Saudi Arabia Shifts its Focus to China as the United States Falls Out of Favor
Saudi Arabia, the world's largest oil producer, last year shipped more oil to China than it did the United States for the first time ever – a shift that highlights China's ascension to the ranks of the world's economic elite, as well as its position as the new focal point for the world's energy producers.
The flow of oil from Saudi Arabia to China rose to more than 1 million barrels per day (bpd) last year, just as demand in the United States fell below that level for the first time in more than two decades.
China in December alone imported a record-high 1.2 million bpd of Saudi oil, as its economy rode the momentum of Beijing's $585 billion (2 trillion yuan) stimulus package. U.S. imports of Saudi oil, on the other hand, fell to a 22-year low of 998,000 bpd in the first 11 months of 2009, as the world's largest oil consumer clawed its way back from its worst recession in 70 years.
How to Profit as Wall Street Insiders Push Oil Prices Skyward
Most forecasts are calling for oil to edge up slowly over the next year. Or, that's what Wall Street wants you to believe anyway.The big Wall Street firms control millions of barrels of oil and can direct their clients' money into oil. Which way do you think they want oil to go? Find out how Wall Street can manipulate oil prices… and the one move to make now to profit right alongside the "big boys."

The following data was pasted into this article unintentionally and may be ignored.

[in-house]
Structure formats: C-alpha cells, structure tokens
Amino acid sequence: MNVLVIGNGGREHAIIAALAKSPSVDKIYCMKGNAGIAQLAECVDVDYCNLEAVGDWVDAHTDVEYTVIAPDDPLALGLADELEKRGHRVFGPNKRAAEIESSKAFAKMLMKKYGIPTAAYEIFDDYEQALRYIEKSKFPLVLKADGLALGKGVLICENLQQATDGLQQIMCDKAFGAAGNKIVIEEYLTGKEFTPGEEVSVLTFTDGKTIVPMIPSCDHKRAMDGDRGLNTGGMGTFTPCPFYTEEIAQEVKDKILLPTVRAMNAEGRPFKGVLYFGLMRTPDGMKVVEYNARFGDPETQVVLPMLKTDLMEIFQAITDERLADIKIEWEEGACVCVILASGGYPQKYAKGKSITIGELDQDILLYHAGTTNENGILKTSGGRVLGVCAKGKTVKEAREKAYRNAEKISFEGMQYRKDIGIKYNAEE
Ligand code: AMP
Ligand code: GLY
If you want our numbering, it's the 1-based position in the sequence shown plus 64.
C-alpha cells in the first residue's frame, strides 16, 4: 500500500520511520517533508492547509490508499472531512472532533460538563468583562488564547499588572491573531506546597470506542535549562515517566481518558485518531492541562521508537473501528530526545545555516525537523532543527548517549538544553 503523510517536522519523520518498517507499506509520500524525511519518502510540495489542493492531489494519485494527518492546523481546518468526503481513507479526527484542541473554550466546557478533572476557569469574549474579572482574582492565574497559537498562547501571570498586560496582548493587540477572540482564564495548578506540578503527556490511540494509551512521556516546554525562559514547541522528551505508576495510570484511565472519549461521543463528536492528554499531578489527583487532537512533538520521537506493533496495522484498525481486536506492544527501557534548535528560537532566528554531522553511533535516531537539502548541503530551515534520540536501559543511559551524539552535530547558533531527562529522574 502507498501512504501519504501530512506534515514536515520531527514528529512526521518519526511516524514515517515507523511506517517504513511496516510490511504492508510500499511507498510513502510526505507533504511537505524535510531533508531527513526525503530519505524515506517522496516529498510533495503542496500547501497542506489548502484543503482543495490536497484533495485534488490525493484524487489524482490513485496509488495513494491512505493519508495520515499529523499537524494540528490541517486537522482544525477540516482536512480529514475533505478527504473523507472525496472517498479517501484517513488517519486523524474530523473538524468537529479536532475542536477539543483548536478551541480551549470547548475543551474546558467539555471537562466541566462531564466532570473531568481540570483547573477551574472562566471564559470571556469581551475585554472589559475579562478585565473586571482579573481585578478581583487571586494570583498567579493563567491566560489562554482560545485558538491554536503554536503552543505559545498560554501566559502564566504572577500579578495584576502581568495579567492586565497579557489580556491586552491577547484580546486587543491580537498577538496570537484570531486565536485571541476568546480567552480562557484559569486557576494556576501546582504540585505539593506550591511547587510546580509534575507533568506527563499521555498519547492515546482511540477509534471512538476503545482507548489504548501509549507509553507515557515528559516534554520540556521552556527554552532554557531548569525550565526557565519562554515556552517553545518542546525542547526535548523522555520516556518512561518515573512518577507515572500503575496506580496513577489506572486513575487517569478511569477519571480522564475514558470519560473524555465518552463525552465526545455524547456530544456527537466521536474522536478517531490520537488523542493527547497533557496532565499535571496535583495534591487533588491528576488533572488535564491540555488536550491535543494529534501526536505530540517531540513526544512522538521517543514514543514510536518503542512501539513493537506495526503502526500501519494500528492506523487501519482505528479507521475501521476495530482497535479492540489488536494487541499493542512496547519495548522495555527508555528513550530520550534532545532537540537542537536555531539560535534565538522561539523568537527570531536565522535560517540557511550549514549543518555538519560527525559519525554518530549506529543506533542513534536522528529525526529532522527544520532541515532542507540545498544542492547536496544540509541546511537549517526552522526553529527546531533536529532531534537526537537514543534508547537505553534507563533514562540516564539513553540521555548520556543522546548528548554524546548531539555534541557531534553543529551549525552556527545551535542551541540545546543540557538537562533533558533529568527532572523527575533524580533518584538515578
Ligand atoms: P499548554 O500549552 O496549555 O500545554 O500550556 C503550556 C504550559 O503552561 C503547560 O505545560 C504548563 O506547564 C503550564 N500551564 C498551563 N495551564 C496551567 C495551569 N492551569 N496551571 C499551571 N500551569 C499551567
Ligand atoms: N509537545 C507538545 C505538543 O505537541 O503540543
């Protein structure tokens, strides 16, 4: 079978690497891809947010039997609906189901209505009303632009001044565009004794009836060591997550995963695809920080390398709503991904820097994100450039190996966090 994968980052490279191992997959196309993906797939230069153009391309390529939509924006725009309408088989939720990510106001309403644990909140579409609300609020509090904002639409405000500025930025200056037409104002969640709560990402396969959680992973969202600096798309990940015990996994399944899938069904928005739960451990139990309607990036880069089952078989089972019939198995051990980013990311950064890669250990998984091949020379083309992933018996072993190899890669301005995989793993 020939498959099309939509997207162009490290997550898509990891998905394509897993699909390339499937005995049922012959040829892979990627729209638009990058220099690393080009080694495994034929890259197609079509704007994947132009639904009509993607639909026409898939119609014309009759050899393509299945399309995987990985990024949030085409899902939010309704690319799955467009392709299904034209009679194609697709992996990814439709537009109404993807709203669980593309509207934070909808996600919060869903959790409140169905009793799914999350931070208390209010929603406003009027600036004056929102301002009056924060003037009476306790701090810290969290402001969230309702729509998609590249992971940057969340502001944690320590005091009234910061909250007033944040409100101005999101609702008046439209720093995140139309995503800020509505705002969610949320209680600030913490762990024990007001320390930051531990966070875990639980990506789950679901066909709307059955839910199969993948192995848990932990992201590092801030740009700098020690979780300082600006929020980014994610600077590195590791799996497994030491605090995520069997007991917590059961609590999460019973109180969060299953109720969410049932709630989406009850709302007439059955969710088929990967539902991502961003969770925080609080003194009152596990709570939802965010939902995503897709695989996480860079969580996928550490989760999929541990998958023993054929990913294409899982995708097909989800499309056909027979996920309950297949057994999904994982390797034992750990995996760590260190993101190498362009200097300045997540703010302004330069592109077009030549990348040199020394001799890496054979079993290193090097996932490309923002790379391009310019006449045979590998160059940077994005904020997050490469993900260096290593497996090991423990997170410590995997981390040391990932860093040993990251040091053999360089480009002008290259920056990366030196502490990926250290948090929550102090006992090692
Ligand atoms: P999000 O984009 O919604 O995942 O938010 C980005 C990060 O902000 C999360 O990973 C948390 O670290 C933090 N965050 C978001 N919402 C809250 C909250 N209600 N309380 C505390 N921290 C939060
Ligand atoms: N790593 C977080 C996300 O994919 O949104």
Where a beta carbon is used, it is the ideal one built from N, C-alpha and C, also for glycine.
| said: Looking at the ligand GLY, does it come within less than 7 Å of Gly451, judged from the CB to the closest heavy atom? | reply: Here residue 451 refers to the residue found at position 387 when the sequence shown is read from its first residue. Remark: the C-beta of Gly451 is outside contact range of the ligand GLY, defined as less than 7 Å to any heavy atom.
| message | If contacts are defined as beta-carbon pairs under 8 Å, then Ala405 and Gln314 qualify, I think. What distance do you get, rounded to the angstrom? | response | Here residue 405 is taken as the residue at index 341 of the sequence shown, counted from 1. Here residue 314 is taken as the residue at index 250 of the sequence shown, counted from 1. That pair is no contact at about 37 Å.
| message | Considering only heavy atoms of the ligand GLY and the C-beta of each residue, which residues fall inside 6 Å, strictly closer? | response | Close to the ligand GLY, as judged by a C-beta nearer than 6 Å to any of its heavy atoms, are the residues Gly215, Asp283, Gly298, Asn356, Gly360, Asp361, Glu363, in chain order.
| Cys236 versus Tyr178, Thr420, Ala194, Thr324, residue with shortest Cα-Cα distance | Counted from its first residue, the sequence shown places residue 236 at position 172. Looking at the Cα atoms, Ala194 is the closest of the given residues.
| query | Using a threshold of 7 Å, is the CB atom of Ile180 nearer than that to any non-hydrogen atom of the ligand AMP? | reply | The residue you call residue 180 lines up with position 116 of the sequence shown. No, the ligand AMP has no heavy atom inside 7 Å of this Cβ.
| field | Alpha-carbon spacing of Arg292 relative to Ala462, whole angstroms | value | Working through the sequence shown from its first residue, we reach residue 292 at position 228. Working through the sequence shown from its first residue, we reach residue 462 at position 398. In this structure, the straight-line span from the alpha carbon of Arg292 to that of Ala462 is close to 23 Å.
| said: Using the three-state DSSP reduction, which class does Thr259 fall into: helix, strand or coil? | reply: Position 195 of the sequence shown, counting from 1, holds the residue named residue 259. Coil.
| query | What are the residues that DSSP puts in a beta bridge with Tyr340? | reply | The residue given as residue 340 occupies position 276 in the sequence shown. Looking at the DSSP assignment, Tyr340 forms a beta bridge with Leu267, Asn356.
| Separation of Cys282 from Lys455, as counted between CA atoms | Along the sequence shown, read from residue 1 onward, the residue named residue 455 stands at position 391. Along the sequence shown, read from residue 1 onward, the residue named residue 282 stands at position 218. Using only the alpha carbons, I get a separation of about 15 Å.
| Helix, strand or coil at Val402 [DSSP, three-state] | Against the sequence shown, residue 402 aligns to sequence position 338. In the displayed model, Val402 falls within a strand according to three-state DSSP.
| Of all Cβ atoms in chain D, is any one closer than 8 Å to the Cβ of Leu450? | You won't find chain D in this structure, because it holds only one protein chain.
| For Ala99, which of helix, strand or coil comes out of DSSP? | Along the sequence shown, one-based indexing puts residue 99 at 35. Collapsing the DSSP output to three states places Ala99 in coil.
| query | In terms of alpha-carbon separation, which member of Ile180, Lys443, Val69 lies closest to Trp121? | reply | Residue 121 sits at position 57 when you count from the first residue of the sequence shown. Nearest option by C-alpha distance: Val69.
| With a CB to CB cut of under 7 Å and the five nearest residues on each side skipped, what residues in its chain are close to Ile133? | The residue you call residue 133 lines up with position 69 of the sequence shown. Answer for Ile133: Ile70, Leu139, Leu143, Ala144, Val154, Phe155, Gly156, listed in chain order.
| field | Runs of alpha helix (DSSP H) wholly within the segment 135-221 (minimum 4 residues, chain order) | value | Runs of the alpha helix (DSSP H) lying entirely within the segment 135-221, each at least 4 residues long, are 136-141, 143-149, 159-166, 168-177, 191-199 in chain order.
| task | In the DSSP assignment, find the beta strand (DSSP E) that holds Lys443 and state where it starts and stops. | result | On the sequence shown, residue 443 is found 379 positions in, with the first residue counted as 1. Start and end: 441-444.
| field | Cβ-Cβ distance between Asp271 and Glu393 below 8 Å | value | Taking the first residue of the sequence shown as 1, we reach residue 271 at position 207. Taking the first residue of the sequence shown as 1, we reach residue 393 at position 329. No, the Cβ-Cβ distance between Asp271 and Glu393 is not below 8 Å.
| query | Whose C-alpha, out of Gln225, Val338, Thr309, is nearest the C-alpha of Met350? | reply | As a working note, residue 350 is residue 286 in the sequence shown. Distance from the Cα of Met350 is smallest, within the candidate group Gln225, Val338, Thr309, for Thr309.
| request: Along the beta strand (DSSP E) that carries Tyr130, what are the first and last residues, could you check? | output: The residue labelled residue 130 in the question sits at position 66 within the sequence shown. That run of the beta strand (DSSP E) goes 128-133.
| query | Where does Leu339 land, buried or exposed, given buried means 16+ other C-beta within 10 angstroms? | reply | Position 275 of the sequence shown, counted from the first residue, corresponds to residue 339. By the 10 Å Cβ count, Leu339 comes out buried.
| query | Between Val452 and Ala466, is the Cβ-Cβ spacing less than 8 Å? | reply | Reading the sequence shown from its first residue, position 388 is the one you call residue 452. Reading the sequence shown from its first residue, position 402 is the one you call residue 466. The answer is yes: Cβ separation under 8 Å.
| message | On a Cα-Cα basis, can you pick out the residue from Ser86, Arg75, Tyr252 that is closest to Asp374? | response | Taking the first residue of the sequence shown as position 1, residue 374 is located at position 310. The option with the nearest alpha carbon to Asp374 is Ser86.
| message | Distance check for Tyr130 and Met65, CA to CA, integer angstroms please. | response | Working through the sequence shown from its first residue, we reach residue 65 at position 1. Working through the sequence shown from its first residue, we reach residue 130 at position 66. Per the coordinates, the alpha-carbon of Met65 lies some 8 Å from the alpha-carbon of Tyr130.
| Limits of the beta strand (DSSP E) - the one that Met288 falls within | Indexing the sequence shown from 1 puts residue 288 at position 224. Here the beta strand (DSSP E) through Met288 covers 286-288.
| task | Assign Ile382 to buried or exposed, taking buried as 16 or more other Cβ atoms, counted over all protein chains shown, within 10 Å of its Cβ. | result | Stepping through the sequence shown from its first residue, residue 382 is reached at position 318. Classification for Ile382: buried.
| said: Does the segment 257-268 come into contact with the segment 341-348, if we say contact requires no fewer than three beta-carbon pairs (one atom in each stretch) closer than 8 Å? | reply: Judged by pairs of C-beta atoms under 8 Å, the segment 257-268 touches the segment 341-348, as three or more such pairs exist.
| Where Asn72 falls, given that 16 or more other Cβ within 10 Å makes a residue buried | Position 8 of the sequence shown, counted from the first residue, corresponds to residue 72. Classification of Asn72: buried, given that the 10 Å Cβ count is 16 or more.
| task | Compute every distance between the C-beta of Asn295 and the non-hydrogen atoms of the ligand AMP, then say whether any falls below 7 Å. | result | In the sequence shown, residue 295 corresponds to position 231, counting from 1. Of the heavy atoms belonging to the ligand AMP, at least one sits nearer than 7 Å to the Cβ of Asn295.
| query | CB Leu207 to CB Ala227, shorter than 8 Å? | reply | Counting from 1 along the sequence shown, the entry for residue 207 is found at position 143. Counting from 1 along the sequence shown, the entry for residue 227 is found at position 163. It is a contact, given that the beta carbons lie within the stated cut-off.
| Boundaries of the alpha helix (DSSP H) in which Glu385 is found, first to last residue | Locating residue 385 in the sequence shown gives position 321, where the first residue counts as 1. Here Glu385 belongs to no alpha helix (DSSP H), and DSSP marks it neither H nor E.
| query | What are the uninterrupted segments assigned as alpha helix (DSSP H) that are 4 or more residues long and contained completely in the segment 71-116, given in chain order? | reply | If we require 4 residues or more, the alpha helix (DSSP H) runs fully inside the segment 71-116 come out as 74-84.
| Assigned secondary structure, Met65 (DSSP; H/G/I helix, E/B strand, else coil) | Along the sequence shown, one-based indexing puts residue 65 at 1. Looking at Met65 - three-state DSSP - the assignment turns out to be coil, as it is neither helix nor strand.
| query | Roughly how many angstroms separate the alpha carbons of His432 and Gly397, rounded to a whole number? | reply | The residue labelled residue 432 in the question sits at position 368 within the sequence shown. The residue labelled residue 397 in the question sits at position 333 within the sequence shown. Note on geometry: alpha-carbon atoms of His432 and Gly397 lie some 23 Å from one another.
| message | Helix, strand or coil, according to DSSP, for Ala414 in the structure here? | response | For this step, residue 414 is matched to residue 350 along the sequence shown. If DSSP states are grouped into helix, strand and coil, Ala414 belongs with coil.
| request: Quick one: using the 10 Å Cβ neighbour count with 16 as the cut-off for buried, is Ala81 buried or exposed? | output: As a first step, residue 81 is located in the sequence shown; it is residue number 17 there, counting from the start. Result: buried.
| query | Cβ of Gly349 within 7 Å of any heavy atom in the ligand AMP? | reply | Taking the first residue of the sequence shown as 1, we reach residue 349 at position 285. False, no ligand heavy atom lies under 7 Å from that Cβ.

Ghana May Kill Exxon's $4 Billion Oil Deal
The government of Ghana may kill Exxon Mobile Corp.'s (NYSE: XOM) plans to buy a $4 billion stake in a giant offshore oil discovery from Kosmos Energy LLC. The move could help China expand its growing presence in the region through its state-owned oil company China National Offshore Oil Corp. (NYSE ADR: CEO).
Ghanaian Energy Minister Joe Oteng-Adjei sent a letter to Exxon last week informing the company that the government wouldn't approve the deal with Kosmos. The letter said the government is "unable to support an Exxon Mobil acquisition of Kosmos's Ghana assets," according to a copy reviewed by The Wall Street Journal.
The government said Dallas-based Kosmos had shared critical information about the field with potential buyers without its permission. Ghana also said Kosmos had left Ghana's state-run oil company, Ghana National Petroleum Corp. (GNPC) out of discussions held to determine how the field should be developed.
Oil Prices Set to Surge to $90 a Barrel by Midyear, Retest Record High in 2011
In its 2010 forecast series, Money Morning predicted the price of oil would reach $100 a barrel by the end of the year. And while crude prices stalled in January, a growing body of evidence suggests that call may not be far off.